Labor has grown less valuable over time as knowledge has become a larger determinant of value than physical input of energy. Technology has enabled output to increase exponentially compared to the days when a person’s physical time and energy were the limiting factors in production. Labor has had to increasingly speed up in order to remain economically viable.
A positive effect of this change has been that society’s work energy can be focused more efficiently and intelligently towards creating the goods desired. Mass production by machines scales much better than an individual’s physical efforts.
A negative effect has been that in some cases it has become so easy to produce some things which are not wholly good (e.g. weapons, products that degrade the environment) that a whole lot more harmful things are being created and waste is rampant.
A positive ramification is that standard of living has risen and more leisure or family time is potentially available to all since survival needs no longer require continual ongoing labor. Cultural norms have generally overruled this potential benefit, tending towards encouraging everyone to want more and more without being satisfied, resulting in competitive workaholism to develop even more economically remunerative operations, ever larger businesses and agendas. There is little sense of “enough” today in the economic realm, leading to an imbalance in family and soul life, a breakdown in community, increased stress, and less, not more happiness, in pursuit of more selfishly oriented gains.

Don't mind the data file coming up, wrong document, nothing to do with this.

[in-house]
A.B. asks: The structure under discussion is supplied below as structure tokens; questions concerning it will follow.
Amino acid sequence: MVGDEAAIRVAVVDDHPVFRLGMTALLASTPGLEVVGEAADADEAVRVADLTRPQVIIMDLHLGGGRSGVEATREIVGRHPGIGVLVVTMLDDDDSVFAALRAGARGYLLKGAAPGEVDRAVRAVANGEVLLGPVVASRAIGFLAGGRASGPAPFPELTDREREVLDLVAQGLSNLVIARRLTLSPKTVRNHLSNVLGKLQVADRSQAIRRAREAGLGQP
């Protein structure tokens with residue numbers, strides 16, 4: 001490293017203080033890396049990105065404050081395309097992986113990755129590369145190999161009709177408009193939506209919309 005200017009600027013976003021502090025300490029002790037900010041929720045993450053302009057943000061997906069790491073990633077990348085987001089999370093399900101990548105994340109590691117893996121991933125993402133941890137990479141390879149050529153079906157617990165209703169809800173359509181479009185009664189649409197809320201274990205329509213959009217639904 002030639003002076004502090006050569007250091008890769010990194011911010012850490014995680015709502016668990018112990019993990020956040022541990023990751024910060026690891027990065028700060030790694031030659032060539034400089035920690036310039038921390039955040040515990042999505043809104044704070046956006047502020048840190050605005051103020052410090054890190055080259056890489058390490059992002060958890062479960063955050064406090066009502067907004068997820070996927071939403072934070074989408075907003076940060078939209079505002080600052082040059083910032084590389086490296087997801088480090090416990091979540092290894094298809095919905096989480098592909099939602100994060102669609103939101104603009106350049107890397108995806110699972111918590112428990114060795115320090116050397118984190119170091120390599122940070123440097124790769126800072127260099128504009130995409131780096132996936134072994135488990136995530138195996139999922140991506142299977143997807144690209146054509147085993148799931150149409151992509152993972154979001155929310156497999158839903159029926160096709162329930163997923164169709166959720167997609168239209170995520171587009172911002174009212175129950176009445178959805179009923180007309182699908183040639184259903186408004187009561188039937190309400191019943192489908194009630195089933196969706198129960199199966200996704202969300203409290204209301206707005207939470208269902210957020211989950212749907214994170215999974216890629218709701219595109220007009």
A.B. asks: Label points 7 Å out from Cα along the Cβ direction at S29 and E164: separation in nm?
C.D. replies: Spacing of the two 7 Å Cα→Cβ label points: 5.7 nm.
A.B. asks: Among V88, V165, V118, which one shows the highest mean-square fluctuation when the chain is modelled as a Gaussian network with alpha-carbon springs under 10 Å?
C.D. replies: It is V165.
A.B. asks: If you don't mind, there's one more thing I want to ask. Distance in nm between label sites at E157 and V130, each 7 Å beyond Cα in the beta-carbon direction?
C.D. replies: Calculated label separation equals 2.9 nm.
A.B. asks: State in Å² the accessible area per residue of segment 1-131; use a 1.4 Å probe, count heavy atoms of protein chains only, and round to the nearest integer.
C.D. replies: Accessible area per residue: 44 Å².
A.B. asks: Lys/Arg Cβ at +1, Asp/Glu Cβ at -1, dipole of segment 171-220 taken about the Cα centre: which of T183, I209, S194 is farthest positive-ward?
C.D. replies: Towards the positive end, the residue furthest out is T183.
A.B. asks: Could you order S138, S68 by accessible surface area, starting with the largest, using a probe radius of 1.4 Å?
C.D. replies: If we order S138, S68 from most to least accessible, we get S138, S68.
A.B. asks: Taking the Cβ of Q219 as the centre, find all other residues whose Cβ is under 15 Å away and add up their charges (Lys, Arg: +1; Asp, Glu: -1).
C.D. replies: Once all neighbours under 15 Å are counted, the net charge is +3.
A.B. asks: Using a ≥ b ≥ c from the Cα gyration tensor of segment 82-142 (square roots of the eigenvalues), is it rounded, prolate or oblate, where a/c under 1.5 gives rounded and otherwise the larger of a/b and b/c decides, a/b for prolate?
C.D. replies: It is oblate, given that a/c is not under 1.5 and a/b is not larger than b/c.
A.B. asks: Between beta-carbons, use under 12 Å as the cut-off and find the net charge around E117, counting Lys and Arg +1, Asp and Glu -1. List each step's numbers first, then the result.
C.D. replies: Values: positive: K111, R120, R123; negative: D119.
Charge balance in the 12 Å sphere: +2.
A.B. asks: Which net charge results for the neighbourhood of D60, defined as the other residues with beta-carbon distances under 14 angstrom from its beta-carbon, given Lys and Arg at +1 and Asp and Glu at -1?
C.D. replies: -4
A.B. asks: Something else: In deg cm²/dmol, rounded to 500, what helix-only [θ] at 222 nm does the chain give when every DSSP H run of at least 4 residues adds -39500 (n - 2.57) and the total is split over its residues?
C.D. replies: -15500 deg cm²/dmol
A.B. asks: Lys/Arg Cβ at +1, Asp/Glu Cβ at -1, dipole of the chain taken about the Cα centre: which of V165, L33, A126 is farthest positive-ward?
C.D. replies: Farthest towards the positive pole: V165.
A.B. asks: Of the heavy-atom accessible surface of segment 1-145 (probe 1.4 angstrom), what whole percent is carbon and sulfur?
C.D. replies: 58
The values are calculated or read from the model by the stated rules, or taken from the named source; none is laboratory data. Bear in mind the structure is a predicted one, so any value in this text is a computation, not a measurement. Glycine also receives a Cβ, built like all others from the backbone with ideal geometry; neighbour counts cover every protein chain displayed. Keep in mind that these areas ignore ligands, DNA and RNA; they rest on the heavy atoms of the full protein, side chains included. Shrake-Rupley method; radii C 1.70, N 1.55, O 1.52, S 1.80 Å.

Another negative effect of this diminishment of labor has been it’s impact on craftsmanship. Formerly, craftsmen took pride in spending many hours, days, years (centuries for cathedrals) creating artistically satisfying objects of great perceived value. Today, too often the speed of the marketplace dictates time and cost-cutting measures that undercut craftsmanship, Either the objects produced suffer a reduction in quality, or the craftsman suffe a drastic reduction in remuneration for effort and time. Both results are less preferable than the old world version where a worker derived satisfaction and financial reward for investing his knowledge and skill in a painstaking way that resulted in quality objects that were highly prized.